One interesting point is that some financial companies are looking to begin renting roof space in order to install PV. The idea is that you will get free electricity and they will claim the FIT incentive. Whether this comes about however is another matter. If you are interested just keep an ear out.

    Finally if anyone would like help deciphering any of the techie bits and pieces then give me a shout and I'll help you out. I'm interested in the energy saving so anyone I can help get moving onto installing anything is a bonus for us all.

    Cheers.
  • gingerscot wrote: »
    /quote
    I'd love to be able to DIY a system and if needs must, have the hook up done by a qualified electrician (ie: someone who has paid for Part P ticket). But this scheme doesn't support that.
    quote



    Can anyone expand/confirm this?

    background (not necessary reading for the question): I am reasonably competent in the concept/electrics as I have an all be it small system with a 80W solar panel, controller, battery combining to power some homemade led lights and a pond pump. I will happily admit that we will never make the money back on an off-grid system like this but it was fun setting it up and as a project plus I like the stats I get, the ability if the power goes out to have some light and obviously the environmental credentials. Since its all DC, its reality save to muck around with and importantly we don't need to fill in a form hah.

    Know we know the potential we want a larger grid-connected system. The issue is that we want to buy the panels, inverter and set them up on the garage ourselves as its much cheaper. Can we still get this FIT if we only get a certified electrician to come around and add the breakers/generator meter/final connections and check for safety? Or do we HAVE to get the panels bought and installed for a registered company who charge over the odds. ex I got a 80W panel from China for £160 which costs £300 in the uk and its the same manufacturer.

    Hi,

    Both the panels and the installer have to be MCS certified in order to get the tariffs. So even a qualified electrician won't be enough.

    However if you buy the panels yourself and they are accredited and then manage to find someone to install them who is accredited you may save a few quid that way.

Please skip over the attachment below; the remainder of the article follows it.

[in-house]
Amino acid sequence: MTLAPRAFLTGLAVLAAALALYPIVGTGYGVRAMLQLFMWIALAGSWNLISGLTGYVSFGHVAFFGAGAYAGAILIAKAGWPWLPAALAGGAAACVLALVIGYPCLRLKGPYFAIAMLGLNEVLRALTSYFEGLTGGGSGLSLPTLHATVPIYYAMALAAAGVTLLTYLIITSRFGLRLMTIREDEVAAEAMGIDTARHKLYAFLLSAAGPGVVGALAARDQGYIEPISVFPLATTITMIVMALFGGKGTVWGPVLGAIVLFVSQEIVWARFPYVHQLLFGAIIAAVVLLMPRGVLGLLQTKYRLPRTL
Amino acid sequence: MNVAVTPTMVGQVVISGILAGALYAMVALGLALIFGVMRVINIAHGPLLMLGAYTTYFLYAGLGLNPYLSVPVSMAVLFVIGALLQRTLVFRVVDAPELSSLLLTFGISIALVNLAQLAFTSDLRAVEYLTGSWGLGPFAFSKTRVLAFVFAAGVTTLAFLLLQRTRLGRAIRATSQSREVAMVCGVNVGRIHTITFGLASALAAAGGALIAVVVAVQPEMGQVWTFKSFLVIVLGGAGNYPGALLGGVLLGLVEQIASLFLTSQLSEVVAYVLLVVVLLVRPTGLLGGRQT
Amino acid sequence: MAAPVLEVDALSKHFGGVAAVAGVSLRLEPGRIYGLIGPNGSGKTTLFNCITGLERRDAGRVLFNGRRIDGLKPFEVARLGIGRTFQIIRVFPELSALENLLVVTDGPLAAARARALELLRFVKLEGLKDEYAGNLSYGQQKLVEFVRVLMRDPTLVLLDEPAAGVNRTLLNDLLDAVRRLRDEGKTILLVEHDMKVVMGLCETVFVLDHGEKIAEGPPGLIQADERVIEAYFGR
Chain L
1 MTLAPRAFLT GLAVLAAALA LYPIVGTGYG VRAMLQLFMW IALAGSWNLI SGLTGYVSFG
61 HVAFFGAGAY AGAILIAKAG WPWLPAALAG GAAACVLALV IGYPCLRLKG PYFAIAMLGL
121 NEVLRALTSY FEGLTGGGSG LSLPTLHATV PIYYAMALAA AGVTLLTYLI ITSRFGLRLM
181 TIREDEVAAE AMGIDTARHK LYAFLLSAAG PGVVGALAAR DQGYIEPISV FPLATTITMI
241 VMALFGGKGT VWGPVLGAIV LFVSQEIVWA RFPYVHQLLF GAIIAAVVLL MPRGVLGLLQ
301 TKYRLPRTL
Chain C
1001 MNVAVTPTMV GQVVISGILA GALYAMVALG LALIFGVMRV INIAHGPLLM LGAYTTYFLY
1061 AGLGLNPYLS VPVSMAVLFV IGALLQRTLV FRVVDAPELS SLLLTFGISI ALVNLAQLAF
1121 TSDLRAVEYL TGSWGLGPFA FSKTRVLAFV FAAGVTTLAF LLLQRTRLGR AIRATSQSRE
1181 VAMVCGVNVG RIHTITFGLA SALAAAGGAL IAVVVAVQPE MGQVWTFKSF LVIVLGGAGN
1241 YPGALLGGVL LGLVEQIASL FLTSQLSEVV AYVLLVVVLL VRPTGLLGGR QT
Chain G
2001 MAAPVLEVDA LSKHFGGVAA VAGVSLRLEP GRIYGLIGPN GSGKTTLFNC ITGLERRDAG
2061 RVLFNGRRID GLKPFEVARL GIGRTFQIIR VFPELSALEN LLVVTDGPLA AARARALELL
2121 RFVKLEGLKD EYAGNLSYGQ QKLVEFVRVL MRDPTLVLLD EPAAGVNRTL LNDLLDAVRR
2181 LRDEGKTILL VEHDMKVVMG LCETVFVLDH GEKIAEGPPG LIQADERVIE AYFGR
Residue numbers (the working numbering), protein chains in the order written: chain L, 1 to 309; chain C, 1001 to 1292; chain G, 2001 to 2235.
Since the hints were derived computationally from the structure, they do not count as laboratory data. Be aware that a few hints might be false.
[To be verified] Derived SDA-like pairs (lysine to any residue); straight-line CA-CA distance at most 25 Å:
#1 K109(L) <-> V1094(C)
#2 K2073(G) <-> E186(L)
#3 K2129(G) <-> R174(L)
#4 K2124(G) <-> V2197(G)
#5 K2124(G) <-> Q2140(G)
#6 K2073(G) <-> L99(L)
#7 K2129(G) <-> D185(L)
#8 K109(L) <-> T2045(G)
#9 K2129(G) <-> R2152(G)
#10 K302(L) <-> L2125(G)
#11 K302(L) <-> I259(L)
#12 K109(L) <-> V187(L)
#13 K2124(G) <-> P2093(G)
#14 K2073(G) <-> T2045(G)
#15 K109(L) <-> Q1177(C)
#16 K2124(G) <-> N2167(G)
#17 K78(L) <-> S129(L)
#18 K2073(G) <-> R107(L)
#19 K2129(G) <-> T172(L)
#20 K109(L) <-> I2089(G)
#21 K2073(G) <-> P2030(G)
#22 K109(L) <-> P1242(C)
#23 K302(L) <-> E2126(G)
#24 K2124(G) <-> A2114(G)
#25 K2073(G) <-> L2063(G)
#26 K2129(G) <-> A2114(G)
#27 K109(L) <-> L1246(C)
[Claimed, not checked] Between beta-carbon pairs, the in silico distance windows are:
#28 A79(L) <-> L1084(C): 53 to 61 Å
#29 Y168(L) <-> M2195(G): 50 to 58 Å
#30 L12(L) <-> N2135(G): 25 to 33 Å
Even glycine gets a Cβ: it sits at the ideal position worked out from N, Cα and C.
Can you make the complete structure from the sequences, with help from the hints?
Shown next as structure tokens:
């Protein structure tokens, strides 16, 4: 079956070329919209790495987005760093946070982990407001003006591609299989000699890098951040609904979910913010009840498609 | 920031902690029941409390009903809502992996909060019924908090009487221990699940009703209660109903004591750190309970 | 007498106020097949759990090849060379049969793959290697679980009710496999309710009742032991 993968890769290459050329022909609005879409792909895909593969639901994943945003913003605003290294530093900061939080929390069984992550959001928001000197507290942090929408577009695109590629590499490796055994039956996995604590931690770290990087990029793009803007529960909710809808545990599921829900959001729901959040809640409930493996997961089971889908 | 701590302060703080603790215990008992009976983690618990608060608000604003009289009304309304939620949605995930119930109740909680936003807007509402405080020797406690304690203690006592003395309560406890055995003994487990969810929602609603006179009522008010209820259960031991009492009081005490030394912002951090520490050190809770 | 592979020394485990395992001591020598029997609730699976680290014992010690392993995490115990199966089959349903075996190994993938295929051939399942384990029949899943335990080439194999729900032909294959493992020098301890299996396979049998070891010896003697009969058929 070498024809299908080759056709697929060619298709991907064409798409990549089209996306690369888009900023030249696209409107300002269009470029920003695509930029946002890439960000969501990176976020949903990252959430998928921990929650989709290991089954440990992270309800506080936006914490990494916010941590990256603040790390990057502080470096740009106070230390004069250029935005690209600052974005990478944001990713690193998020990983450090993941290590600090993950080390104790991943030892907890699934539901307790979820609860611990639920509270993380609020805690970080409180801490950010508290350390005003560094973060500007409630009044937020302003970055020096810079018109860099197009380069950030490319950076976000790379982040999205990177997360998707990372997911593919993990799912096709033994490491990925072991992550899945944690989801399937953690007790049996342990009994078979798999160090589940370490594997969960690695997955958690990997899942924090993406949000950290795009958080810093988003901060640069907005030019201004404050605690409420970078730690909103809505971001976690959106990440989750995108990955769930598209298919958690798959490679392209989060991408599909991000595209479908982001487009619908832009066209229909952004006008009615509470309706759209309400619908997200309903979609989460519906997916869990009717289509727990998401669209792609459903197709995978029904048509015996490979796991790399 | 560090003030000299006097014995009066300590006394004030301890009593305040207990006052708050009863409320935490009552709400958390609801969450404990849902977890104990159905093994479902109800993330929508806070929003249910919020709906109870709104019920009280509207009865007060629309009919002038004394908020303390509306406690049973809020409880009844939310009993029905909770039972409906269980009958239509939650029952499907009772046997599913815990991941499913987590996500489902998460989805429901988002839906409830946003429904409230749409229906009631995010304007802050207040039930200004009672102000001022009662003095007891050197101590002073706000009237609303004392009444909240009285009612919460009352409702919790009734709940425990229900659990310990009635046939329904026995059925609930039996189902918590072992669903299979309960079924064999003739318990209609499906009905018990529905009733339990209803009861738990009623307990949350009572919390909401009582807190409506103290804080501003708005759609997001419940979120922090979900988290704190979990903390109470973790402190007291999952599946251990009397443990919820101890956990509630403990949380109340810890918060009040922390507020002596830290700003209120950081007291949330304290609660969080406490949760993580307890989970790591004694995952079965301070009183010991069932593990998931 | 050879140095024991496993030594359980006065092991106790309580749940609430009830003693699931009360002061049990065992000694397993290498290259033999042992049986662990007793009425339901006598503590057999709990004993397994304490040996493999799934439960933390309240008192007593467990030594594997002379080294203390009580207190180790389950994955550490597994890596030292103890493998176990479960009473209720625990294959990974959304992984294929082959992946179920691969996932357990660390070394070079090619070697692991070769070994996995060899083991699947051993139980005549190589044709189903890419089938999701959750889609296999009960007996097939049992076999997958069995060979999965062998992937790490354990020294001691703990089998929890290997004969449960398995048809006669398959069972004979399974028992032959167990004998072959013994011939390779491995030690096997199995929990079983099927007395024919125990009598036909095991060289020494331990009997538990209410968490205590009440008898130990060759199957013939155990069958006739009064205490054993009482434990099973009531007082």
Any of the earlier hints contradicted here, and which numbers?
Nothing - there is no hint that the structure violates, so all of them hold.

Do be careful when looking at accredited panels though and ensure they definitely are on the central register, which can be found here microgenerationcertification.org

    Sorry can't link to it as I'm new :)
  • Cardew wrote: »
    As someone with a vested interest(presumably) in installing Solar Thermal, and promoting your firm on this site;)(I expect your posts will be deleted or modified) what annual output would you predict from a system costing £3,000 to £6000. - 1,000kWh??

    Ooops :o I'm a newbie at posting and didn't realise that :) sorry MSE. Oh well, hopefully they'll only delete the probem bits and leave the useful info behind. The price bracket I gave isn't necessarily ours ;) but would apply to a decent small to medium sized installer. Plus I talked about flat panels which we don't even use, so hopefully that's recovered my statements somewhat :o

    The panels (evac tube) I have on my own house (3 bed, 1 bath) have a predicted yield of 651 kWh each per annum (I have two panels). My house is directly south facing, so two panels is enough, but if you're a bit more west or east you may need 3 panels. So that should give you a rough idea and is probably quite typically of an installation using a reputable installer with fairly decent panels. If your house is bigger, or lots more hot water needs, you may need more panels.
    Saving money and energy seem to be the only things on my mind these days! :p
    ...installing solar energy!